Anger as teen death crash driver appears in court
A TEENAGER who killed his best friend in a car crash has said he wished he had died instead.
Robert Thornton was at the wheel of a relative’s powerful Mitsubishi Lancer Extreme Evo when it ploughed into a tree on New Year’s Day.
Seventeen-year-old Earlston Rhymers footballer Scott Johnston died and Thornton, 18, of Castle Wynd, Lauder, spent three months in hospital fighting life-threatening injuries.
The driver’s family had been told he might die after he had to be resuscitated in the wreckage of the car and in an ambulance.
At Duns Sheriff Court last week Thornton admitted causing his Earlston pal’s death by careless driving and while not insured on the A697 near Westruther.
Extra police were drafted into the court where Thornton appeared on indictment.
There have been several court cases since the accident with emotions described at one hearing as “running high” in both Lauder and Earlston.
Defence lawyer Ray Megson said: “He (Thornton) does not remember the accident and, in fact, his last memory was Christmas Day. The prognosis was not good and his mother was told to expect the worst, but he has made a remarkable recovery, although he will not fully recover for sometime yet.”
Mr Megson said his client was emotionally “brain dead “ over the impact of the accident.
He added: “He has shown no form of emotion but says that if he could have his time again he would wish he was dead and not his best friend.”
Mr Megson said he would reserve the remainder of his mitigation for the next hearing on December 19 when background reports will be presented.
Sheriff Kevin Drummond told Thornton: “You are a young man with no previous convictions and have not come to the adverse attention of the authorities, and here you are facing this terrible situation.”
But as he left the dock, Mr Johnston’s angry relatives asked out loud why he was being allowed bail and still allowed to drive.
Prosecutor Tessa Bradley confirmed the crashed car belonged to Thornton’s great uncle Jock Threadgall who had met Thornton by chance shortly after 5.30pm while out in Lauder celebrating with friends on New Year’s Day and asked for a lift home in the teenager’s Vauxhall Corsa.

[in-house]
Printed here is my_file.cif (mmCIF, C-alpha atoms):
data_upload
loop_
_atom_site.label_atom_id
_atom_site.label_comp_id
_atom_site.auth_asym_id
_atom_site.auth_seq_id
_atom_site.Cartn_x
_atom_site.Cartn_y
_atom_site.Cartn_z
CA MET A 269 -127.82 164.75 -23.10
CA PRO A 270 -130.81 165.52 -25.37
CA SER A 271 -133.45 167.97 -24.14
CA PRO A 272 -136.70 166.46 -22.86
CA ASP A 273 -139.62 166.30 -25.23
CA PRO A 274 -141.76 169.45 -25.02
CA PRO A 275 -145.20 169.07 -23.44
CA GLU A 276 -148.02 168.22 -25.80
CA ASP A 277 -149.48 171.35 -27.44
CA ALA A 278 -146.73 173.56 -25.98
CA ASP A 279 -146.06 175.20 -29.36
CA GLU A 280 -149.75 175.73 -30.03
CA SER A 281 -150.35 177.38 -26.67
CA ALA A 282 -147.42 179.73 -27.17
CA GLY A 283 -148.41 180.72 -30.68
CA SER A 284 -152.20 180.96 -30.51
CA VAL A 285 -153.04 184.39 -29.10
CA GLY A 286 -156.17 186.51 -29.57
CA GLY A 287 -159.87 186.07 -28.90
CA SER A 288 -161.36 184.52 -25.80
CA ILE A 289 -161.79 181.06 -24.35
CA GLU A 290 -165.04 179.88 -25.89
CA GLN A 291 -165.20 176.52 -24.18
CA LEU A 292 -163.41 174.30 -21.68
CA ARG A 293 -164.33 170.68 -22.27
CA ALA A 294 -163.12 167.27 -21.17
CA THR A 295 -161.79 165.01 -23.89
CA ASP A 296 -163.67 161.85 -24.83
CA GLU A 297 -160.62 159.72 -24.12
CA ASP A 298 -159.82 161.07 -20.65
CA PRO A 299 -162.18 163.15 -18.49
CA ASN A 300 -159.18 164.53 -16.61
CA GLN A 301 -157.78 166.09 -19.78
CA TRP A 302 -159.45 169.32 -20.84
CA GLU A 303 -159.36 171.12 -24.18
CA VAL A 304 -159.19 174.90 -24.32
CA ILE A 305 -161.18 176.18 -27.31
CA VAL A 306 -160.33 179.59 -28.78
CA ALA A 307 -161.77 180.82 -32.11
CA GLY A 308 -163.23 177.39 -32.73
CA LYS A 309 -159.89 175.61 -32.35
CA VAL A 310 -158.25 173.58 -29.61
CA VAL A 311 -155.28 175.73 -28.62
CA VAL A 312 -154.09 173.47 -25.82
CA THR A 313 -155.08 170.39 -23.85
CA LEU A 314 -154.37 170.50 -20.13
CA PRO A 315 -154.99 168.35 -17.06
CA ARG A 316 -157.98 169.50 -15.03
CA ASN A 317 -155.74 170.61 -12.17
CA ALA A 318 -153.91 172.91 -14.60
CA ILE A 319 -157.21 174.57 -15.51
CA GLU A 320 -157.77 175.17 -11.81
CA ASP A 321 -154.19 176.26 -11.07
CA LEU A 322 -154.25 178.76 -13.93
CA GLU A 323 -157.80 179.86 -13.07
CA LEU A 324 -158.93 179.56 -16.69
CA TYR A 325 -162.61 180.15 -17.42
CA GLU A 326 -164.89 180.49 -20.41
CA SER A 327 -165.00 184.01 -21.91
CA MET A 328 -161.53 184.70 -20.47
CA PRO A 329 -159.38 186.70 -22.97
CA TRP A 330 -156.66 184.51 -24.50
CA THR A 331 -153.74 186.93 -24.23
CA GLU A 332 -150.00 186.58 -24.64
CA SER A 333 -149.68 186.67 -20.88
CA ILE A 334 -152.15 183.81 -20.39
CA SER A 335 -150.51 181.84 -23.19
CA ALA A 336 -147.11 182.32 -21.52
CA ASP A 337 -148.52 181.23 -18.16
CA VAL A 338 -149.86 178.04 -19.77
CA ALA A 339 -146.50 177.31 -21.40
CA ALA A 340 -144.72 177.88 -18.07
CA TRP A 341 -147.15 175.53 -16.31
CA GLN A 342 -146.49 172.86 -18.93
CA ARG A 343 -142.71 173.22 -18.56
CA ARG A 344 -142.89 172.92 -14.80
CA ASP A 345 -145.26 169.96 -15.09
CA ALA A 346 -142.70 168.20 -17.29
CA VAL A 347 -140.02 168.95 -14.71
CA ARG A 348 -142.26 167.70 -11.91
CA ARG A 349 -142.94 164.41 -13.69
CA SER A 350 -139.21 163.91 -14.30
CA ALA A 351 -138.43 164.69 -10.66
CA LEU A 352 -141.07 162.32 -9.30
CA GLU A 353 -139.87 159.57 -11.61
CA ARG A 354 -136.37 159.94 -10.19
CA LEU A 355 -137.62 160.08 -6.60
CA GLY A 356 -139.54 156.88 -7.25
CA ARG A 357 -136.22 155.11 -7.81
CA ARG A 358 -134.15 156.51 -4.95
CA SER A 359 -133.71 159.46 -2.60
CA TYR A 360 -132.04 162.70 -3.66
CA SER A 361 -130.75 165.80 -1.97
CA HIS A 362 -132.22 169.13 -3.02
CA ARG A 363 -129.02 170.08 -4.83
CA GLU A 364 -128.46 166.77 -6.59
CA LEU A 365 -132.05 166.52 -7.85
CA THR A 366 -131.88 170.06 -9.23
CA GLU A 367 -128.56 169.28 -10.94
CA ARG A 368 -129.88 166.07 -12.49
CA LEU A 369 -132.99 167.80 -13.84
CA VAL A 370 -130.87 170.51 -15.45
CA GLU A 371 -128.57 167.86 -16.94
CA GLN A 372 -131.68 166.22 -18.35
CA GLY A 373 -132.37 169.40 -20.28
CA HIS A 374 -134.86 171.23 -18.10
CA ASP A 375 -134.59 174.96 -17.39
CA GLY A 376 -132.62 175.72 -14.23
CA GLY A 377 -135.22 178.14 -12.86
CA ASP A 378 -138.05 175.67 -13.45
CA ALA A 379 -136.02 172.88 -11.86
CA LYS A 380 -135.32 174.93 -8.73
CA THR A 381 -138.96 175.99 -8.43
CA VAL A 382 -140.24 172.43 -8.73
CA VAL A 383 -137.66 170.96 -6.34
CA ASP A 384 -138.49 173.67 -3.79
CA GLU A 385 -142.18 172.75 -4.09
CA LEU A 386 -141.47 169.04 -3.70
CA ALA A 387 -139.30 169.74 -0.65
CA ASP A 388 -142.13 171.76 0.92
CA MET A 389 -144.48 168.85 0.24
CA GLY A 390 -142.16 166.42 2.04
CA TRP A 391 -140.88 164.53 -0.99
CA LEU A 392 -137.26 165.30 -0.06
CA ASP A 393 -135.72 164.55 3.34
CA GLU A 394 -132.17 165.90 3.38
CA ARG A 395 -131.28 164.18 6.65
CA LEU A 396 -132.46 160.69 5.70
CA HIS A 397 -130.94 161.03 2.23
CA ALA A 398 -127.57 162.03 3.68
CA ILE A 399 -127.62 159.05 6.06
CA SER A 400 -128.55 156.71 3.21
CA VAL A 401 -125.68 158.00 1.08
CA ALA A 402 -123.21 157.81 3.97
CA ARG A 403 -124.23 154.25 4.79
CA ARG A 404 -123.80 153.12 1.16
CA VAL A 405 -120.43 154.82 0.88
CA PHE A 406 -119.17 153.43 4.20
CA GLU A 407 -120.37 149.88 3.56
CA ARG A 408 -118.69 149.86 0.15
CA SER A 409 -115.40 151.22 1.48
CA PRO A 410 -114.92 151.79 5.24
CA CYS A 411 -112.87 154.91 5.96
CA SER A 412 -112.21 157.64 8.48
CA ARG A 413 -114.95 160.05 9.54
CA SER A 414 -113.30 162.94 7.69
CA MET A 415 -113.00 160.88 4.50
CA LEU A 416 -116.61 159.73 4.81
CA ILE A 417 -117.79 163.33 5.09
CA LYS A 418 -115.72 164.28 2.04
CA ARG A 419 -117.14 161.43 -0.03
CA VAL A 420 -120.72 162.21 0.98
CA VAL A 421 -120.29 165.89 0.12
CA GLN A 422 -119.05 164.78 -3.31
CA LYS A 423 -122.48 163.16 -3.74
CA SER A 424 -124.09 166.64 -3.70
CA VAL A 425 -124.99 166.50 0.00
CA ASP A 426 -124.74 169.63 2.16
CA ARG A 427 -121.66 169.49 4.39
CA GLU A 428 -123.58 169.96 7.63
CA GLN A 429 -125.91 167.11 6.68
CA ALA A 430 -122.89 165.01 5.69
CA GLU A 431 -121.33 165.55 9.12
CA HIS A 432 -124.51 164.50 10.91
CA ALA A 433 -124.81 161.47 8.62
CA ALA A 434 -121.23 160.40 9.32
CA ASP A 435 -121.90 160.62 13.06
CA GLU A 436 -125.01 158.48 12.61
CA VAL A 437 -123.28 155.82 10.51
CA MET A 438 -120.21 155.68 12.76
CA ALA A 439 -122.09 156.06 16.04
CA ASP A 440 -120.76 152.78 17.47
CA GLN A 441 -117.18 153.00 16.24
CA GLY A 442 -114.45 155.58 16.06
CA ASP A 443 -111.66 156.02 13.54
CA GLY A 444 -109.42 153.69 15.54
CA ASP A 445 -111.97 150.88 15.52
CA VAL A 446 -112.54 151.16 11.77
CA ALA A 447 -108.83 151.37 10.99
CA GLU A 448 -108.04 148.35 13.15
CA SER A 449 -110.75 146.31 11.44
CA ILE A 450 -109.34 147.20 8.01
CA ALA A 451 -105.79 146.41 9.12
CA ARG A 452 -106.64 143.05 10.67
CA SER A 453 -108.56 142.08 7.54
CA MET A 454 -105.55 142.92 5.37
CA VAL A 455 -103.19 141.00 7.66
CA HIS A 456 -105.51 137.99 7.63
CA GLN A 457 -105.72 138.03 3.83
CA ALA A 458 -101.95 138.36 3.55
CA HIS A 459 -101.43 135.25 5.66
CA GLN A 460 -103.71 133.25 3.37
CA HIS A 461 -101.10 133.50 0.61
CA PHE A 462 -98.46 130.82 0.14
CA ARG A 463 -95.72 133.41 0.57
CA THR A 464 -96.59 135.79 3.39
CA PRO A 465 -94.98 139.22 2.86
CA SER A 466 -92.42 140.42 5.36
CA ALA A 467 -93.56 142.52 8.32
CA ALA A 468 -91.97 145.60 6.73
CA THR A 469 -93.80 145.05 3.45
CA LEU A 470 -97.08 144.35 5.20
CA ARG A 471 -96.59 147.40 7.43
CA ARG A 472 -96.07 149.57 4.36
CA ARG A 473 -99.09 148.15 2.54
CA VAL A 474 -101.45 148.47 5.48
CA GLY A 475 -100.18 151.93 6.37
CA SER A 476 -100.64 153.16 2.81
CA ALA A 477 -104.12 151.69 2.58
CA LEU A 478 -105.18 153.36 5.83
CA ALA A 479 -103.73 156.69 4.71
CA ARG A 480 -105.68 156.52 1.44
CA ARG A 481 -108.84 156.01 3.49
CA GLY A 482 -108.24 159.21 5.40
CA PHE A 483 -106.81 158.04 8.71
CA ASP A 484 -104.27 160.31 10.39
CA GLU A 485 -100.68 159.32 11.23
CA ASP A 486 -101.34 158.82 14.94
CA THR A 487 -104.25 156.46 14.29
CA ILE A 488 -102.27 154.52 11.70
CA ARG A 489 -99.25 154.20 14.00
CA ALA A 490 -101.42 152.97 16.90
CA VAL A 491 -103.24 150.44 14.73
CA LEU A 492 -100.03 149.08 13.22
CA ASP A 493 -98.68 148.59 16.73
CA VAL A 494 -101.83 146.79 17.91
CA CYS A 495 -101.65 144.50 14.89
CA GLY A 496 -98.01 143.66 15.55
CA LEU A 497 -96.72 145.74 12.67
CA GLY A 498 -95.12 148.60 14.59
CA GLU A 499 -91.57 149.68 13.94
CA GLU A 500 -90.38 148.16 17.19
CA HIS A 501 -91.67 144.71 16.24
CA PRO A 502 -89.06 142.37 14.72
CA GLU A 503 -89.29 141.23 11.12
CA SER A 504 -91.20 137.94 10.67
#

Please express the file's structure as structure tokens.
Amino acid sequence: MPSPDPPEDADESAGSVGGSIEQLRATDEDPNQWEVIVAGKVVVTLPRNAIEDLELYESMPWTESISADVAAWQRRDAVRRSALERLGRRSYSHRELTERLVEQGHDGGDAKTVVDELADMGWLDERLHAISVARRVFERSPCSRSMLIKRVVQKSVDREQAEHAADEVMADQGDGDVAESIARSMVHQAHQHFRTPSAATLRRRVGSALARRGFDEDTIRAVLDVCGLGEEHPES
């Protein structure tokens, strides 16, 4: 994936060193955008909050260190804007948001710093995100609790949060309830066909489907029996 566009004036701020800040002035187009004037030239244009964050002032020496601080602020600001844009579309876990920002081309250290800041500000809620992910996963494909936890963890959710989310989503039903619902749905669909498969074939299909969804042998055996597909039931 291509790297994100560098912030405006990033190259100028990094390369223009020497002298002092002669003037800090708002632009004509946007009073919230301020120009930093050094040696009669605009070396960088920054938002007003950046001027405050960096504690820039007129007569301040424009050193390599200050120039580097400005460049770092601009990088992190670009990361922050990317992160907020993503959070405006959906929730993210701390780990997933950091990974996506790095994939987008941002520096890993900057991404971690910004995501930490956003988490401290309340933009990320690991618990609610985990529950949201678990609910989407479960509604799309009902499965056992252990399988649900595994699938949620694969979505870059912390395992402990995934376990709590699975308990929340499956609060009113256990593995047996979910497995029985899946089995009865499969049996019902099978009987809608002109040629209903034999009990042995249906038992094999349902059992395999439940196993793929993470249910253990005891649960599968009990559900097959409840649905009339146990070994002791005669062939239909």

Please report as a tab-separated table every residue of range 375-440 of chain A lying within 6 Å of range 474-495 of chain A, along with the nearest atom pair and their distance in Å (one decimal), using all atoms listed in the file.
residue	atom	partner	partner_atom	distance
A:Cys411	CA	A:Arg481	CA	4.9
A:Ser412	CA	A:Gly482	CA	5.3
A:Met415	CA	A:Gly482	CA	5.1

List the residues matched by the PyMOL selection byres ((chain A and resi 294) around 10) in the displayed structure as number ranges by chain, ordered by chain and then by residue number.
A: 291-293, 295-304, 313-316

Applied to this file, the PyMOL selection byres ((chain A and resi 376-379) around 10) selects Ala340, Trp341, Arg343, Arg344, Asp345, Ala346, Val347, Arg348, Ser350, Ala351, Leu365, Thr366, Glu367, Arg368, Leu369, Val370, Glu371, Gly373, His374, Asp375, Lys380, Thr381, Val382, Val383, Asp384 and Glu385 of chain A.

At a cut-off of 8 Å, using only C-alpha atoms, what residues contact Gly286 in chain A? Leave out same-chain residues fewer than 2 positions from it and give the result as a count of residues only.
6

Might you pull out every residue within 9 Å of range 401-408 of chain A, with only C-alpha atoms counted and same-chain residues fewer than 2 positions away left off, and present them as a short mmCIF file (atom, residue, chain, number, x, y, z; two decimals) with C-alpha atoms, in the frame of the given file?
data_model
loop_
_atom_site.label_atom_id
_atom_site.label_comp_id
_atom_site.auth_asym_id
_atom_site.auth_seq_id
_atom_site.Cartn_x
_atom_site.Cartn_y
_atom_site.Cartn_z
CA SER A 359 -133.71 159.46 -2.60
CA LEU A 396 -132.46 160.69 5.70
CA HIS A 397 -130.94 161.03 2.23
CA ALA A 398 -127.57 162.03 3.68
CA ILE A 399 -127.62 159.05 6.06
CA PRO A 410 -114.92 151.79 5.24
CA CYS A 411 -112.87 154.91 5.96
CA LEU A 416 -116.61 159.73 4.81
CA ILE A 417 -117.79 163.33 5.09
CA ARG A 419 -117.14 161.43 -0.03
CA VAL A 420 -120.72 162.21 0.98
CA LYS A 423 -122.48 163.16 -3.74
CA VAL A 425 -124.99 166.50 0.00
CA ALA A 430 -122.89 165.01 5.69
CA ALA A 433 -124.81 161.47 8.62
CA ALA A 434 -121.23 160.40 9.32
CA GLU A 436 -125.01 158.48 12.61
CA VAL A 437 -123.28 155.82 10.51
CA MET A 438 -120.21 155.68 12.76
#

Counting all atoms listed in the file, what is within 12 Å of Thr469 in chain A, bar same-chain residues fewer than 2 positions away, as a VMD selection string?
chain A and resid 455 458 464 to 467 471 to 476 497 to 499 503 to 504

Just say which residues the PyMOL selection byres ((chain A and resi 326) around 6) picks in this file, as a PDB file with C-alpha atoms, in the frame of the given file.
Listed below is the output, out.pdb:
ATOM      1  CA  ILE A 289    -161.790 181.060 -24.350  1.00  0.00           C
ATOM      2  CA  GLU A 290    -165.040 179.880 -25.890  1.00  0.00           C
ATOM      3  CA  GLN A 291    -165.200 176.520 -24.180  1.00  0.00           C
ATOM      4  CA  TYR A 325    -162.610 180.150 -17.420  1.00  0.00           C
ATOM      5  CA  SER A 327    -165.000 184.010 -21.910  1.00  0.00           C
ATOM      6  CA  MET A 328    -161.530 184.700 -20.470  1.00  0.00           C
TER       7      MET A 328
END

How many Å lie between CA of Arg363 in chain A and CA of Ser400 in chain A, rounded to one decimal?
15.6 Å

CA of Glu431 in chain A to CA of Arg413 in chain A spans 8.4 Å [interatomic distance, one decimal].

Ms Bradley said Mr Threadgall – a former professional rally driver – then decided to go to the pub in Westruther and agreed to allow Thornton to drive his Mitsubishi.
She added that after the owner was dropped off, Thornton went back to Threadgall’s house and asked Scott if he wanted a shot in the car to which he agreed.
The fiscal said: “He tried to negotiate a right-hand bend but lost control of the vehicle causing it to cross to the opposite carriageway and then striking a tree.”
She said members of the public went to the aid of the pair before paramedics and police arrived on the scene, but Mr Johnston’s life was pronounced extinct by a doctor at 7.25pm.
She said no defects were found with the car which could have caused the collision and it had recently passed a MOT.
A static speed camera was checked with no indication that Thornton had been speeding. She added he was not insured with or without Mr Threadgall’s permission to drive.
Thornton – who was on a ventilator for nine days and discharged from hospital on April 20 – told police on August 28 that he had little knowledge of the car and that he was a named driver on his mother’s insurance.
z Mr Threadgall, a blacksmith and farrier in Lauder, appeared at the same court last month and pleaded guilty to causing Thornton to use the vehicle without third party insurance. He was fined £200 and had his licence endorsed with six penalty points.
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